It was a perfectly ordinary looking cover offered on eBay. The most the seller believed it could claim was a decent circular date stamp cancel from Sioux City in 1893. But the anonymous collector who chose to share his story with me saw something more.
It is known that there are many unusual cancels on stamps and covers from the 19th Century. One of the most popular and definitive reference works on this subject is the book Herst-Sampson 19th Century United States Fancy Cancellations. It is a book that was published many years ago, though that doesn't lessen its importance as since its publication date few new examples have come to light. That's why this new discovery is exciting.
Not all fancy cancels are artistic or exciting. Some, in fact, are little more than ink blobs transferred from a hastily carved simplistic cancelling device onto a stamp on an envelope. Collectors of fancy cancels find items that appear to be blobs, but are hopefully more, and twist their head this way and that hoping to find the blob is an old woman in a bonnet, a turtle with the letters USA on its back, a profile of a pretty woman and any number of things that imaginative postmasters of an earlier day carved onto wood, cork or lead.
It was the eBay collector's/buyer's familiarity with the area of fancy cancel collecting, as well as an item in the Smithsonian's National Postal Museum that made him believe that the Sioux City, Iowa cover contained more than a blob. He believed that it held a previously undiscovered version of a Kicking Mule fancy cancel.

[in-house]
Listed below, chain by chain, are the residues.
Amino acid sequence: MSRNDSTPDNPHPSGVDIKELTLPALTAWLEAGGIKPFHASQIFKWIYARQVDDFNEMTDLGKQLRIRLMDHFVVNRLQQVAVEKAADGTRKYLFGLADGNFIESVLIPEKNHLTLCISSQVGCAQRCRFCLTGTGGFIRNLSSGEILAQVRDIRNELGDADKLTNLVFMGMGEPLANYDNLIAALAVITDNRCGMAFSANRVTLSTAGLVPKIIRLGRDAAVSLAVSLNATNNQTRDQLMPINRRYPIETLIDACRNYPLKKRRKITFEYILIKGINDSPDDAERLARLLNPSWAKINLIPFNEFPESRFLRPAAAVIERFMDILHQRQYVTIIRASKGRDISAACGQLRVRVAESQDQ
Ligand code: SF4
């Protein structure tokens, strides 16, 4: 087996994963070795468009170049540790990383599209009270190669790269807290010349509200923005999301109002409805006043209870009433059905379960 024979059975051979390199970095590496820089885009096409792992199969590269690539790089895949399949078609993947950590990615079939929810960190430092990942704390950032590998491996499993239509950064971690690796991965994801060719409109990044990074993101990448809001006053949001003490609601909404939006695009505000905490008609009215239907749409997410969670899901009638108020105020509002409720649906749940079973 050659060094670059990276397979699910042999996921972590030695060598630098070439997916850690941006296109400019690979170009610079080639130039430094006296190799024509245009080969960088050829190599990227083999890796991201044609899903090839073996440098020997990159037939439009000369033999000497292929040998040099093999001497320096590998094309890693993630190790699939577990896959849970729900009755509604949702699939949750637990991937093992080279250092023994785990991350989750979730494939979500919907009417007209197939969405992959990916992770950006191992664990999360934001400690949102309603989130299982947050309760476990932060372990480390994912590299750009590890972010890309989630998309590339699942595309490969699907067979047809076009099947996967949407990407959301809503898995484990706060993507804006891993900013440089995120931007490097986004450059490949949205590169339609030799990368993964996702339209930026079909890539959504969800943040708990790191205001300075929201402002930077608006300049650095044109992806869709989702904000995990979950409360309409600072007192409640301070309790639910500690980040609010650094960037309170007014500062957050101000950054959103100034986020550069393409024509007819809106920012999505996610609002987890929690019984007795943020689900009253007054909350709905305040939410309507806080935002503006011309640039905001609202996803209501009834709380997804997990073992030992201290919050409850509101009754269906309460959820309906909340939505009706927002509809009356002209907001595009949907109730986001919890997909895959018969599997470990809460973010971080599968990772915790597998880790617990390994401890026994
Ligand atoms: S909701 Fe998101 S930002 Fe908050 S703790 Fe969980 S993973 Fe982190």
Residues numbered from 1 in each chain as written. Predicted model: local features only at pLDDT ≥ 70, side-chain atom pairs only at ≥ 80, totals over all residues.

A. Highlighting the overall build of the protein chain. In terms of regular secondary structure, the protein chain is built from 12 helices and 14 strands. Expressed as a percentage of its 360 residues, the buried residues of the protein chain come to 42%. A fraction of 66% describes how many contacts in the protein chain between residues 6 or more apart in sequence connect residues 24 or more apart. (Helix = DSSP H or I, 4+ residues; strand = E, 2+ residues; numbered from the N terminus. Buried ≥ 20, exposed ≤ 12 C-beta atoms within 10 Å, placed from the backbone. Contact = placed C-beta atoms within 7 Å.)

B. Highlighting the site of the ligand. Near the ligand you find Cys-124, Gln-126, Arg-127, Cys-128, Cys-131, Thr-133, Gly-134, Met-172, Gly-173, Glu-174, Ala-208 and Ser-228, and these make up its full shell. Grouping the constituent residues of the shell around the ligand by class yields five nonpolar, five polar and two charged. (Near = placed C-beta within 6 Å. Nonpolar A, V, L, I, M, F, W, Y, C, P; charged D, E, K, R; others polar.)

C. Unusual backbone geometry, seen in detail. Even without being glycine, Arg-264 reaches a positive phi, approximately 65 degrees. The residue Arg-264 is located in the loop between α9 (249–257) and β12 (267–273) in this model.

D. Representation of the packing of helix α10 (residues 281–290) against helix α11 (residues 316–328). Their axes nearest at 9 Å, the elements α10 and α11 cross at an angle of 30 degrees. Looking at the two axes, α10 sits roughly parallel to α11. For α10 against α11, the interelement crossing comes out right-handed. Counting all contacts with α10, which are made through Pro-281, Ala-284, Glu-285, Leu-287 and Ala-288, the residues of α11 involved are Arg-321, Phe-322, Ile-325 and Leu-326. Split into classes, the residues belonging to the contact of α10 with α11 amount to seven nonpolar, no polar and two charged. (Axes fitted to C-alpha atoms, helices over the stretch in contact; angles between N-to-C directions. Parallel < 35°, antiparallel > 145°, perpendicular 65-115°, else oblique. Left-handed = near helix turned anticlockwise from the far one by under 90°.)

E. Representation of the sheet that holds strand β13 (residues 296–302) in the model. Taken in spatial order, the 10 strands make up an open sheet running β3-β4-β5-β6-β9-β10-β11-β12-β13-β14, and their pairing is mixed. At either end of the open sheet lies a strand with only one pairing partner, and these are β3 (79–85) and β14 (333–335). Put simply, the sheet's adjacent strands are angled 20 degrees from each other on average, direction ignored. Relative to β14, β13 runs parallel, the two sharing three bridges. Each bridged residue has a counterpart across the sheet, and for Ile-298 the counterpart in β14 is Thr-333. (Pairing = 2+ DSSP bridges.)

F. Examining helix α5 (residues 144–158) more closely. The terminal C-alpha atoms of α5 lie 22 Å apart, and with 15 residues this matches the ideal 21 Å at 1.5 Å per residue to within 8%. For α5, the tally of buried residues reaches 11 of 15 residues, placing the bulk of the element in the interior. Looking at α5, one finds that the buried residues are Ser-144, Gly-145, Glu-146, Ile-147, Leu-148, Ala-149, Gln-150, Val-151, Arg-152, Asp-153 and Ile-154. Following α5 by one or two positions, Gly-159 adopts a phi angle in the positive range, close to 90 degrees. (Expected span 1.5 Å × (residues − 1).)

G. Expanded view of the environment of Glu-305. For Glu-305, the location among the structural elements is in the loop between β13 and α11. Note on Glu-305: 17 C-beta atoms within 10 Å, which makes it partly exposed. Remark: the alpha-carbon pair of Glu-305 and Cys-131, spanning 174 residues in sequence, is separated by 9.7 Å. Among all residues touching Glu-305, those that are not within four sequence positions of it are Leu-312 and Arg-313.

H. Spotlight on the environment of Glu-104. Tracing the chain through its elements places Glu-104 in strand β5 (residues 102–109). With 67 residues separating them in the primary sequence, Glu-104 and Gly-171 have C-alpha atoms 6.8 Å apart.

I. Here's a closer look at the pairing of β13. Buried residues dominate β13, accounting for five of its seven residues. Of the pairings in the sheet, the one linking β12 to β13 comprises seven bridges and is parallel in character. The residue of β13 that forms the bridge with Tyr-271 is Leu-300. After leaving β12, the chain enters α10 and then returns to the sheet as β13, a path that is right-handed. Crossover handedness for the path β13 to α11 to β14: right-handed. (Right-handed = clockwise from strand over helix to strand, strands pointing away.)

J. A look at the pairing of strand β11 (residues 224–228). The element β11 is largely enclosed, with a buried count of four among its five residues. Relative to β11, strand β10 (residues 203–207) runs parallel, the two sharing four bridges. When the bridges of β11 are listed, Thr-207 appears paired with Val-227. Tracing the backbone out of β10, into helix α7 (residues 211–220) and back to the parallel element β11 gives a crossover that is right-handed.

The most familiar example of the Kicking Mule is from Port Townsend, Washington Territory. It is a much more elegant cancel than the Sioux City Kicking Mule, which truly appears to be a quick carve job from the Sioux City postmaster.
When Stamp Collectors Consult Experts
Now the collector's next step is to visit an expertizer. That is, send the item, or at least send a scan of the item to a professional philatelist qualified to render an opinion that the collecting world will accept. If all is well with the item one receives back a certificate attesting to the item's genuineness. It may be a bit tougher to find an expertizer who will certify a cancel, as stamps are the usual thing, but it is worthwhile to find one.
Of course in this case, with a brand new find, there is even the possibility that some would deny it is a kicking mule cancel. But when one compares it to the cancelling device in the Smithsonian's National Postal Museum collection, the dramatic similarities would tend to outdo those who might cast doubt upon the cancel.
On the question of value: some fancy cancels command high prices. This is related to scarcity. It remains to be seen if any more of the type of Kicking Mule cancel seen here come to light. Of course every stamp collector, or any collector actually, dreams of owning a one-of-a-kind item.
An interesting aspect of a new discovery coming to light in the philatelic world is that others see something that they may recognize in their own collections, the full meaning of which they've missed. After all, if a stamp dealer could miss this Kicking Mule, so could a collector.
If you have a friend that collects classic era postal history, especially from Iowa and specifically from Sioux City, you would be doing him a favor to point him to this example of what appears to be a newly discovered fancy cancel of the Kicking Mule variety.